The Launch Of Titanic


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steve b

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More from that book im reading folks (yea i know you all must be sick of hearing about it by now LOL), but i read about Titanics launch, and the amount of steel and grease that was used was put at astronomical numbers. The most amazing part to me was that the author claimed the process had taken 62 seconds to complete. Also it was noted that this event was witnessed by over 100,000 people, and 1 person witnessing it claimed the propellors looked about the size of an oak tree. I was just wondering if there was anyone who could give me more details of that day, which i think was stated as May 11 1911 (i dont have the book in front of me, so therefore my uncertainess)But just the amount of material that was used for this process was staggering, and also the amount of people on hand to witness the event is a great tribute to the ever growing Mystique of the grand lady.......Also, i was reading that when the idea was concieved to build both Titanic and Olympic, there was great concerns that the ports in England and New York were no where near big enough to handle them both, considerably short by at least 50 feet is what i have read. I also read that there was no clear cut decision on how to remedy the problem, since the goverments of the time were not willing to help fund building of the exapnsion of the docks via taxes. How was this problem ultimately resolved? I had read the White Star Line has taken considerable flack for not taking into acccount the berthing issues..Ah well, ive babbled enough, God bless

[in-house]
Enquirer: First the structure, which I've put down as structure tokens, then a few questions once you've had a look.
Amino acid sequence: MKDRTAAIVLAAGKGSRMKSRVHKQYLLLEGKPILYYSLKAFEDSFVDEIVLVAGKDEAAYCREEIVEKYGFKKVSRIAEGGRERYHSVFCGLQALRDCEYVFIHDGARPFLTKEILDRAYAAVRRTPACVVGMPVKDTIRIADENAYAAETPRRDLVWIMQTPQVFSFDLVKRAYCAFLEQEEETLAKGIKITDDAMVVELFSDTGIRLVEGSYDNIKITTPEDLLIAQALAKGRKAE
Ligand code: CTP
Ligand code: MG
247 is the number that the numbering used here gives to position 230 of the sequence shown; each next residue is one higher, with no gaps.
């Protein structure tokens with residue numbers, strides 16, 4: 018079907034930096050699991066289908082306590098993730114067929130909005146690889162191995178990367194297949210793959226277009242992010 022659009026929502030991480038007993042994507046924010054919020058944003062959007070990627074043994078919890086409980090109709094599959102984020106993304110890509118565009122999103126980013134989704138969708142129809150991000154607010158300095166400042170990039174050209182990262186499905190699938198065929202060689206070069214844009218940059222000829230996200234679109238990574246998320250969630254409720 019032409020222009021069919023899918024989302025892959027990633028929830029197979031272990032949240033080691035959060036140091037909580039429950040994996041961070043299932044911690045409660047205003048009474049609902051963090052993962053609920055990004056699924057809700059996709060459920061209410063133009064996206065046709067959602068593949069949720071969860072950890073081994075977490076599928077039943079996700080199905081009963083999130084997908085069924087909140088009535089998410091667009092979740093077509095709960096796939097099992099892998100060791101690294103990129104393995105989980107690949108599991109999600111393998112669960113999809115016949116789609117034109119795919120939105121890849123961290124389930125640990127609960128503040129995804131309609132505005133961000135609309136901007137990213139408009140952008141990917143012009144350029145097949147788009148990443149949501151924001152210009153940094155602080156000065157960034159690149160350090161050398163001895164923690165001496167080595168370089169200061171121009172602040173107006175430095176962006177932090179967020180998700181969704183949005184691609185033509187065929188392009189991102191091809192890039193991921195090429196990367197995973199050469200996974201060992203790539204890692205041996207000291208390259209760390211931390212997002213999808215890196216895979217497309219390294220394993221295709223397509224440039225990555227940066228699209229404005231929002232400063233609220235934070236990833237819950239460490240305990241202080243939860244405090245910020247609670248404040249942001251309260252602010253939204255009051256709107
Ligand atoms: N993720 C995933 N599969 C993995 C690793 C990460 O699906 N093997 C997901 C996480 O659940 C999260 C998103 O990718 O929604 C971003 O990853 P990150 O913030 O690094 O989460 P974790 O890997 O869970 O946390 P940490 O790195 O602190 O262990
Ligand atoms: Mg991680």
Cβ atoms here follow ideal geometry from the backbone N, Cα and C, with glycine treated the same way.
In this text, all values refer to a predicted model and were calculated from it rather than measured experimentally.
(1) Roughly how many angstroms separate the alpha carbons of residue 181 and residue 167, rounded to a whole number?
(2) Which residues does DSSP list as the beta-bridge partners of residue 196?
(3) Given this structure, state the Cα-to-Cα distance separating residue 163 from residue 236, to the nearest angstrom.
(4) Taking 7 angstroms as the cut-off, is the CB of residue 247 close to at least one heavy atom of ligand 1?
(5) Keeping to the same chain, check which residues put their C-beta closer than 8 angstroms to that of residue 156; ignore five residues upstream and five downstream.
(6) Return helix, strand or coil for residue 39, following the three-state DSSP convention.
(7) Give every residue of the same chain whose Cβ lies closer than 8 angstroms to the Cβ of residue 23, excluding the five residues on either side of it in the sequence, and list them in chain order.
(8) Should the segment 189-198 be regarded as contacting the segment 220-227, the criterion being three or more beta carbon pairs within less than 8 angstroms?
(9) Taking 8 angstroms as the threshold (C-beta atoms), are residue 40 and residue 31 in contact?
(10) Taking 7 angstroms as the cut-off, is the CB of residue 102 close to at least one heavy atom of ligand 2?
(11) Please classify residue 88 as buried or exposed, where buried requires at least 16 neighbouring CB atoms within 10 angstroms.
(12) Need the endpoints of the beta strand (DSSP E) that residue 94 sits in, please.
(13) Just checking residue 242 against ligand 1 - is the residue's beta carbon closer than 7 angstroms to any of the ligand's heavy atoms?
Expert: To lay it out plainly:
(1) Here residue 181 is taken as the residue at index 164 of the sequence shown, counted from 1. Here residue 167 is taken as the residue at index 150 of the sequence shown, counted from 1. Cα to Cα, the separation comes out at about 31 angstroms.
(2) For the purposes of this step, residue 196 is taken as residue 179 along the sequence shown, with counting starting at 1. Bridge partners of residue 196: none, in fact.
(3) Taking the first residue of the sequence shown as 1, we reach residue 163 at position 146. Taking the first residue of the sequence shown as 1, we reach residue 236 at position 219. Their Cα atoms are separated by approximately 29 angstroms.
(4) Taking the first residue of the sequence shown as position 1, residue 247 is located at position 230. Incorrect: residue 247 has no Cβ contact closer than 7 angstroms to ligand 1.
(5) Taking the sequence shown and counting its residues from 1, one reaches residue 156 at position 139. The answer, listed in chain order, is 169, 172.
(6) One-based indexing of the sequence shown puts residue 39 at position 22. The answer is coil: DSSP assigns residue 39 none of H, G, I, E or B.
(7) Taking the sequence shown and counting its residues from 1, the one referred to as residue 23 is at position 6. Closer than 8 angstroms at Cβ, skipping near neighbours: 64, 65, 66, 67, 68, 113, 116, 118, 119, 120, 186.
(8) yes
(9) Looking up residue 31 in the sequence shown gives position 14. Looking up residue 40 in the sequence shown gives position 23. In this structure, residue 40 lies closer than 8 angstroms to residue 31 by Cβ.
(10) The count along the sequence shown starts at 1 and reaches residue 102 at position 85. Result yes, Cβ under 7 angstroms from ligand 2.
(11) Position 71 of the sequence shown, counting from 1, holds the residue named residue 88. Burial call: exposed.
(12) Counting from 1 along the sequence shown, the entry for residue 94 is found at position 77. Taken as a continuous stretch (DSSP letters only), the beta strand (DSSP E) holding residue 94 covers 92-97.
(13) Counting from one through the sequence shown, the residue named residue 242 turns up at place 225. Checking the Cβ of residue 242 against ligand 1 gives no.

Dec 2, 2000
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Hi Steve, I think the day you're looking for is May 31st 1911 as the day the Titanic was launched.

When a ship is built on a slipway, keel blocks are laid out upon which the keel is set up and any additional supporting blocks, pegs and shores are added in as the hull takes shape. Just befor the ship is actually launched, standing and sliding ways are built and the weight of the ship is transferred to the ways as the supporting blocks are removed...literally a few at a time as the workers go about the slow and tedious process of getting this done! This is a very dangerous operation too. One man actually had his leg crushed when some of the shoring he was cutting away collapsed on top of him. He was rushed to a nearby hospital where he died the next day due to contusions and shock. (Source, Titanic, Triumph and Tragedy, page 22)